Far more harmonious was Rich's relationship with Seymour and Northrup Knox, founding owners of the Buffalo Sabres and his mentors. Rich was 28 and married with three children when he was asked to serve on the Sabres board of directors in 1969. Rich, who defined his role as a "silent partner," was more than willing to help his city climb into the national sporting spotlight.
Rich's connection with the hockey team would forge many enduring friendships, including one with Larry Quinn, former Sabres managing partner and former vice chairman of the Erie Canal Harbor Development Corp.
"Larry Quinn's a guy who I feel I mentored in some ways, and Larry's been a controversial guy," Rich said. "Since the days that Norty and Seymour got sick, and Larry was president of the Sabres, we've had a relationship that really goes all the way back to his coming out of Notre Dame and starting here working for Mayor [James] Griffin. He's controversial and I think one of the most talented guys in the city."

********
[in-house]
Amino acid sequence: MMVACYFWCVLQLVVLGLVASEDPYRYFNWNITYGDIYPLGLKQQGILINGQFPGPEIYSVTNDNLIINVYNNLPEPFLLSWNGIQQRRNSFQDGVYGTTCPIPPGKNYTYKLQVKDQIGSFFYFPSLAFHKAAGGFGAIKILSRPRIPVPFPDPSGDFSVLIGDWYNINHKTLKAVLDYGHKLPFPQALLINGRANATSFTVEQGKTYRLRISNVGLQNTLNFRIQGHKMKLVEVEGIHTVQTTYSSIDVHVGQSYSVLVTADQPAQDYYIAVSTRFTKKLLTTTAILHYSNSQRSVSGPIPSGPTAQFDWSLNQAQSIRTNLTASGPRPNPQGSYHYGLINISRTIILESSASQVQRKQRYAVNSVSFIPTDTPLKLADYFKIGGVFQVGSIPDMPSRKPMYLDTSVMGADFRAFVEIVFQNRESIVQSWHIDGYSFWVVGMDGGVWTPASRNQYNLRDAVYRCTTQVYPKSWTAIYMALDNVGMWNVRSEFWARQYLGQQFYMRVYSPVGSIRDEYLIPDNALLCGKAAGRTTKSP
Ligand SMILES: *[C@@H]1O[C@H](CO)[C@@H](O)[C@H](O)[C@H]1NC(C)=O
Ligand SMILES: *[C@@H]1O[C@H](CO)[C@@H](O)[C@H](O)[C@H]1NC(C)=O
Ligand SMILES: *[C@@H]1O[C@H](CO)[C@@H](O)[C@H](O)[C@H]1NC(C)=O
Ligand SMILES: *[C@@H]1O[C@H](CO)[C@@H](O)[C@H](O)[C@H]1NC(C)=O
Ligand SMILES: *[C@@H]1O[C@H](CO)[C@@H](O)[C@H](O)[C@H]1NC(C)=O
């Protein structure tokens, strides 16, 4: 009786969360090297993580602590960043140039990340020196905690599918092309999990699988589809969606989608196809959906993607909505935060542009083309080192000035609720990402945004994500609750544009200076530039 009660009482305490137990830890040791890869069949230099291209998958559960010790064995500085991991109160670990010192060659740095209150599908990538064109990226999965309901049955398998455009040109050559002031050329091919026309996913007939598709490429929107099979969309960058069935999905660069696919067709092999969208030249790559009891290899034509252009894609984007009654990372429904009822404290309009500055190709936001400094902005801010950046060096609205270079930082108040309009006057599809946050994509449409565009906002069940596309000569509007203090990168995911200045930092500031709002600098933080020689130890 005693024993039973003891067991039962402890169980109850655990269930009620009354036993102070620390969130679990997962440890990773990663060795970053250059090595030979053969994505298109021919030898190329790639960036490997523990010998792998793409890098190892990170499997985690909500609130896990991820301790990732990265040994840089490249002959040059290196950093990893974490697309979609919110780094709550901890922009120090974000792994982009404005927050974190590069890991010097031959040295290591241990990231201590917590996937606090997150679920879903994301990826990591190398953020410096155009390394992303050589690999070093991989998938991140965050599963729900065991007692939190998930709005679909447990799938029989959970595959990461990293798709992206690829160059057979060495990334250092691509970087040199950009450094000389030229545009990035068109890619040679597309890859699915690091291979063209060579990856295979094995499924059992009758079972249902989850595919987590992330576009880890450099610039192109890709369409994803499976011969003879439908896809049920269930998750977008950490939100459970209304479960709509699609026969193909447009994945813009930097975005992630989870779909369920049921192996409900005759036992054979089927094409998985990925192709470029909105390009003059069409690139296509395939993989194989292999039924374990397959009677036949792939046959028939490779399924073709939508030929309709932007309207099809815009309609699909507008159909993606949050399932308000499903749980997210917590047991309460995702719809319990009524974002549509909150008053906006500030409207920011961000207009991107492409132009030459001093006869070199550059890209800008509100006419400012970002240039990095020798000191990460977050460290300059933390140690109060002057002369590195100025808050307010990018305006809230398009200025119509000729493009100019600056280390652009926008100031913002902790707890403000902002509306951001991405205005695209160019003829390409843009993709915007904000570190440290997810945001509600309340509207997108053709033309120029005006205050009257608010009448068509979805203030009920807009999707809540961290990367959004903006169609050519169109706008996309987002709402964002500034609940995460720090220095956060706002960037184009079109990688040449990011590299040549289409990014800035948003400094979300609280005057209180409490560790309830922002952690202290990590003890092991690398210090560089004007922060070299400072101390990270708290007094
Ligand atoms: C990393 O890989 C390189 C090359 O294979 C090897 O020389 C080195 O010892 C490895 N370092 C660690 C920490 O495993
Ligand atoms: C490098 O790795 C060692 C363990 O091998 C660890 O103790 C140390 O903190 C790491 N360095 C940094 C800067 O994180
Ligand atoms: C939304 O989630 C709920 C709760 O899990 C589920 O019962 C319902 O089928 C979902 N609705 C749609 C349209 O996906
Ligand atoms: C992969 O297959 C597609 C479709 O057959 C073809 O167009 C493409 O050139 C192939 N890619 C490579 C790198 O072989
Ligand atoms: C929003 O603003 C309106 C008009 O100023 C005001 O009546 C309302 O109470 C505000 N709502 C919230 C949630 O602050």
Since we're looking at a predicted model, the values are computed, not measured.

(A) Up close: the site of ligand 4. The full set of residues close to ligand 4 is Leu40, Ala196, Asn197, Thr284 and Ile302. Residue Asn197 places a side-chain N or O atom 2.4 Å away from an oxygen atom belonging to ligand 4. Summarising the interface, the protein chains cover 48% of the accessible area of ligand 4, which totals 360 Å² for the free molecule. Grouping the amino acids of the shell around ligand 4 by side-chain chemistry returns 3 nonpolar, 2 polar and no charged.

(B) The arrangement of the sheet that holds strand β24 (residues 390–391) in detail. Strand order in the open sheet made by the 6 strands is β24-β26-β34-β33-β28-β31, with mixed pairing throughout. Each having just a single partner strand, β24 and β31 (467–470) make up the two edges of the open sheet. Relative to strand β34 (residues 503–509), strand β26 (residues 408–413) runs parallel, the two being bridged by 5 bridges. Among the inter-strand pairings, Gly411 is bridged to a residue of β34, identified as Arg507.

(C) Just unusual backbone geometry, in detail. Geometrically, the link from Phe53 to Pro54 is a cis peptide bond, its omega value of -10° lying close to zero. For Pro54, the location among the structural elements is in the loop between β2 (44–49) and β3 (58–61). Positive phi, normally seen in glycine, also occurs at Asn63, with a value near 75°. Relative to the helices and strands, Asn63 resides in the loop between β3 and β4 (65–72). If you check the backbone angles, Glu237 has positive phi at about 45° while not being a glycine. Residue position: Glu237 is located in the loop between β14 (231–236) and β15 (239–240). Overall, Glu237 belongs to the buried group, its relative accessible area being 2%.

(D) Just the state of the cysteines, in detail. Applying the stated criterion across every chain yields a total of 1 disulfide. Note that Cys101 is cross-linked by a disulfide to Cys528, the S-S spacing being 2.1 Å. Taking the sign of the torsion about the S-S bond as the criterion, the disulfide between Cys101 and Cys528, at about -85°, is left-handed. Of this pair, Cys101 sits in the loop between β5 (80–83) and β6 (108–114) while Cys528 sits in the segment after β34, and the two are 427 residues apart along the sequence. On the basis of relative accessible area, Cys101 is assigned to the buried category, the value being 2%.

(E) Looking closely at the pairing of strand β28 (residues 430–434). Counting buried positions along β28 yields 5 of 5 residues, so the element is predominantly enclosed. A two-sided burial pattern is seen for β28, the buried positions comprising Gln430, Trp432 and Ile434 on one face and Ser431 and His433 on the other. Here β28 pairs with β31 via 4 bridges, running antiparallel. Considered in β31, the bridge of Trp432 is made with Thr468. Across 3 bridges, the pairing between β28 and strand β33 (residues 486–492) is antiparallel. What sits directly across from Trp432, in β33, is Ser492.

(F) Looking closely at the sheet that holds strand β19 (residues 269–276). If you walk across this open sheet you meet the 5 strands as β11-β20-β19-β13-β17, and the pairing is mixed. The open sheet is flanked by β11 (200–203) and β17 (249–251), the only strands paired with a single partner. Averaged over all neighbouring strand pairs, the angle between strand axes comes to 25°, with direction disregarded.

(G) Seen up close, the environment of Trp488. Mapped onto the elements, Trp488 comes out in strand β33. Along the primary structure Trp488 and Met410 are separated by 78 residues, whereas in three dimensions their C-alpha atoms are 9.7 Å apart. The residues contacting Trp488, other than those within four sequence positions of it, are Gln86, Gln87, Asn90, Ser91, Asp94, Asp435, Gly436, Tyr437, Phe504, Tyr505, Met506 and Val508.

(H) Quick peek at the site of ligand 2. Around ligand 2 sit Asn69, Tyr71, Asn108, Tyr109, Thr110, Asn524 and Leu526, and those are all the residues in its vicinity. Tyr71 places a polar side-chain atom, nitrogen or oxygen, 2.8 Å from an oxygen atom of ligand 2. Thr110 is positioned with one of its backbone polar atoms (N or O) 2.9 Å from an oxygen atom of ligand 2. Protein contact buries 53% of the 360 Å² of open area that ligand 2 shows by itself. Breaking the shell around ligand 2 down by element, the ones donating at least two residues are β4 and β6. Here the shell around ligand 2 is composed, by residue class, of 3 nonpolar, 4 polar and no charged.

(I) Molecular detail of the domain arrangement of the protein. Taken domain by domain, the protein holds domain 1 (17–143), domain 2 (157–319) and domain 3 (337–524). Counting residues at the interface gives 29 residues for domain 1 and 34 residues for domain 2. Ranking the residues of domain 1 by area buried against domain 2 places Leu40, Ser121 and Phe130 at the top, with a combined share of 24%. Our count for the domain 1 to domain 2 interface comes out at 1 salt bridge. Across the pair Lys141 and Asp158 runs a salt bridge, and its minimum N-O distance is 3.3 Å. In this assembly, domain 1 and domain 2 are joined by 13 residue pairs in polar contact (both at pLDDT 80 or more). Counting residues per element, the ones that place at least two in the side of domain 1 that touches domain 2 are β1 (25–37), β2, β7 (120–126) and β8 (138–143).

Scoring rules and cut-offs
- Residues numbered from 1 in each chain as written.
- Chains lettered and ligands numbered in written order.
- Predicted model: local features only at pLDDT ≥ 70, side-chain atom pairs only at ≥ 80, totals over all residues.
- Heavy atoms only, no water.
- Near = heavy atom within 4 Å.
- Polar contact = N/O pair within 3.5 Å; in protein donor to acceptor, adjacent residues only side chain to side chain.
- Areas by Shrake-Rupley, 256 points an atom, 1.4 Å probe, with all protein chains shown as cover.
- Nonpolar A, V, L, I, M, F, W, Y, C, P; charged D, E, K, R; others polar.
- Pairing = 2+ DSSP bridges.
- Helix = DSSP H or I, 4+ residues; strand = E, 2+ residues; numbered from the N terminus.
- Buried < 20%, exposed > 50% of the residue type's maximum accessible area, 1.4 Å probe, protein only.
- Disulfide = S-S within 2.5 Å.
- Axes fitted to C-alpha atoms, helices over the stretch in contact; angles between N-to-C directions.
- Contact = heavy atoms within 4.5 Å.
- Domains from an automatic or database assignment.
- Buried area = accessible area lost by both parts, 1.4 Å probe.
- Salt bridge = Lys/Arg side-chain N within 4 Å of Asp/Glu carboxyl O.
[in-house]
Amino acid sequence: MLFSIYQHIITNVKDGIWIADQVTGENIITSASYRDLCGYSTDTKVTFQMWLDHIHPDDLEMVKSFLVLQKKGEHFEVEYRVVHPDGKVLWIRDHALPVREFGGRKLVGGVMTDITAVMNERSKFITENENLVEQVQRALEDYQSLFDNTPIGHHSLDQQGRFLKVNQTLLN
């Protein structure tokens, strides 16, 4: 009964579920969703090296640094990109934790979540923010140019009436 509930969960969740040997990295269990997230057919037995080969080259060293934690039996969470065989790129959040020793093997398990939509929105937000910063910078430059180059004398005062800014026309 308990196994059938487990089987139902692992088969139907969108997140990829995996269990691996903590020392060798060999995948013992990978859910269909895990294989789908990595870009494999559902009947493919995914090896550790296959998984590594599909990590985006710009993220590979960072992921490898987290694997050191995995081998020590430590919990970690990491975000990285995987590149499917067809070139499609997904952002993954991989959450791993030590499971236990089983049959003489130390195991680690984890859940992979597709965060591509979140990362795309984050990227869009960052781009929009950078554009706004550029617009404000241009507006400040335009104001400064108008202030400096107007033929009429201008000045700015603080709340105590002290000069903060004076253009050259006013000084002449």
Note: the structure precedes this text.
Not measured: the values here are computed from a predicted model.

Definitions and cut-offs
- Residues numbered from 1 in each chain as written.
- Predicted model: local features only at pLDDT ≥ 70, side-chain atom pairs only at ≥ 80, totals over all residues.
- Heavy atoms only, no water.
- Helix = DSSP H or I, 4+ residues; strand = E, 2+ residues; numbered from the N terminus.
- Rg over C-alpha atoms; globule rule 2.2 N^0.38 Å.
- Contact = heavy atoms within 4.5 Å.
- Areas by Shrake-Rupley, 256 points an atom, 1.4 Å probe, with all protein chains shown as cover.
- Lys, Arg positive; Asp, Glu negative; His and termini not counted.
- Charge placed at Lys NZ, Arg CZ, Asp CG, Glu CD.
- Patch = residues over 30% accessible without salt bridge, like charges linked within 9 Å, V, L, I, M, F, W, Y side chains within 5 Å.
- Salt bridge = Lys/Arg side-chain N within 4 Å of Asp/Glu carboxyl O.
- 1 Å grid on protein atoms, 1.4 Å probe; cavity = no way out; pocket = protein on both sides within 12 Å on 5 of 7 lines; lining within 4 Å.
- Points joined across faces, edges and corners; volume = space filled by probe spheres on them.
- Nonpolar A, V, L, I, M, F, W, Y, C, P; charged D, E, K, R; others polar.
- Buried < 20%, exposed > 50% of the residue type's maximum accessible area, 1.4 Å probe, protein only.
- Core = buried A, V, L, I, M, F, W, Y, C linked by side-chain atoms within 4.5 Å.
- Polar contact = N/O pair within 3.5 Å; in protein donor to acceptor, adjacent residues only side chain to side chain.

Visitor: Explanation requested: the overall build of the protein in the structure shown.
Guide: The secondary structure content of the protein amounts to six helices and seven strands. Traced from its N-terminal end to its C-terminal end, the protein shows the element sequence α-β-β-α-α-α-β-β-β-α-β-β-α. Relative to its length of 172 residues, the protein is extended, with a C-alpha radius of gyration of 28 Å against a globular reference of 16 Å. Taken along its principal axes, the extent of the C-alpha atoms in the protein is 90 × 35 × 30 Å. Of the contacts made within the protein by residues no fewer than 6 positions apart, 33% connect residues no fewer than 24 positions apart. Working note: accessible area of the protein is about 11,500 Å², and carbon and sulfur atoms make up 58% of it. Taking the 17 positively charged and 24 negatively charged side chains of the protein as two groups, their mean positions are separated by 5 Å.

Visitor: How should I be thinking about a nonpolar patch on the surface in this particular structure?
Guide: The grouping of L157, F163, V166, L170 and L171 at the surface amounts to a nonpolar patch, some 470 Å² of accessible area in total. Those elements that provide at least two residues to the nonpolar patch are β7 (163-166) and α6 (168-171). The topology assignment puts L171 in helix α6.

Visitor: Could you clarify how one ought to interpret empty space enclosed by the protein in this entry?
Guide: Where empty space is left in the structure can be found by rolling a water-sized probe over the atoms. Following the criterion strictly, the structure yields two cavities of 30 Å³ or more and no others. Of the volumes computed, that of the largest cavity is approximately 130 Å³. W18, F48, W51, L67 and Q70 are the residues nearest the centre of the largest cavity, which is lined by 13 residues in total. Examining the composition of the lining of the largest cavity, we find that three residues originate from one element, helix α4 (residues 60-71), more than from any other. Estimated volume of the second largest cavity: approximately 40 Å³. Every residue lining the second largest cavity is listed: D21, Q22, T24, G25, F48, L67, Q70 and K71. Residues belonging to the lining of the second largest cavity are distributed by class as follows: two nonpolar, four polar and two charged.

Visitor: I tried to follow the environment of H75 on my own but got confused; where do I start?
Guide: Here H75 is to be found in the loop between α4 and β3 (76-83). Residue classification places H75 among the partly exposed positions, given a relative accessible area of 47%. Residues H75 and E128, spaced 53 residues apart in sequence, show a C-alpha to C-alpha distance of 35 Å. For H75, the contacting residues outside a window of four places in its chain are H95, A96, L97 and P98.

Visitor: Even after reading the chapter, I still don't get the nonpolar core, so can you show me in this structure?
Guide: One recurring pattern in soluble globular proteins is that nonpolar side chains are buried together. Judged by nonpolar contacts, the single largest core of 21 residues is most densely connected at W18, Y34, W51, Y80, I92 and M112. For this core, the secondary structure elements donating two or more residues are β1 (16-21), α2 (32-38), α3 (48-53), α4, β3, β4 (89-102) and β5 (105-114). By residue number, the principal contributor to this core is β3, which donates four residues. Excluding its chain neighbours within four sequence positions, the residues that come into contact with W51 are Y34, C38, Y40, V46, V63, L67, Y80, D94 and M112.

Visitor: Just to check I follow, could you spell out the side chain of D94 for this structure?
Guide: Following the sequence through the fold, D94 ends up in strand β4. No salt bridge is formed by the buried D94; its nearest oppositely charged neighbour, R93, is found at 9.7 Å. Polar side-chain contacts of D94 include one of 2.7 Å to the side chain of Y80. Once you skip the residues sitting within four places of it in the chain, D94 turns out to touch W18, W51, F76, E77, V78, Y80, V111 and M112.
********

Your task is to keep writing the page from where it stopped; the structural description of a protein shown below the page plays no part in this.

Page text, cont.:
Rich's recent sponsorship of the down-on-its-luck Bedlington Terriers soccer team in England as well as Rich's penchant for collecting Runyonesque friends is "classic Bob," according to Quinn.
"He will encounter people in completely strange places and accept them and adopt their mission as his," said Quinn.
"Bob was the conduit to [NHL Commissioner Gary] Bettman during the dark period when they had chosen someone else," Quinn said during a telephone interview. "But Bob kept him informed and involved and made sure we were ready to take it on when the other group was not able to."
Rich, who is at home with all sports, insisted he is more introspective than outgoing, and that if given a day off he would opt for solitude rather than crowds.
"All I ever wanted to do was run a business here in Buffalo, be a success in my hometown," he said. "My father set a standard, and I wanted to be better than he was. I wanted to surpass his goals with goals of my own."
Bob Rich will be signing his book at 6:30 p.m. July 22 at Coca-Cola Field, and at 7 p.m. July 26 at Talking Leaves, 951 Elmwood Ave. All proceeds from the book benefit the Boys & Girls Clubs of Buffalo.
"The Right Angle: Tales From a Sporting Life"
By Bob Rich
341 pages $27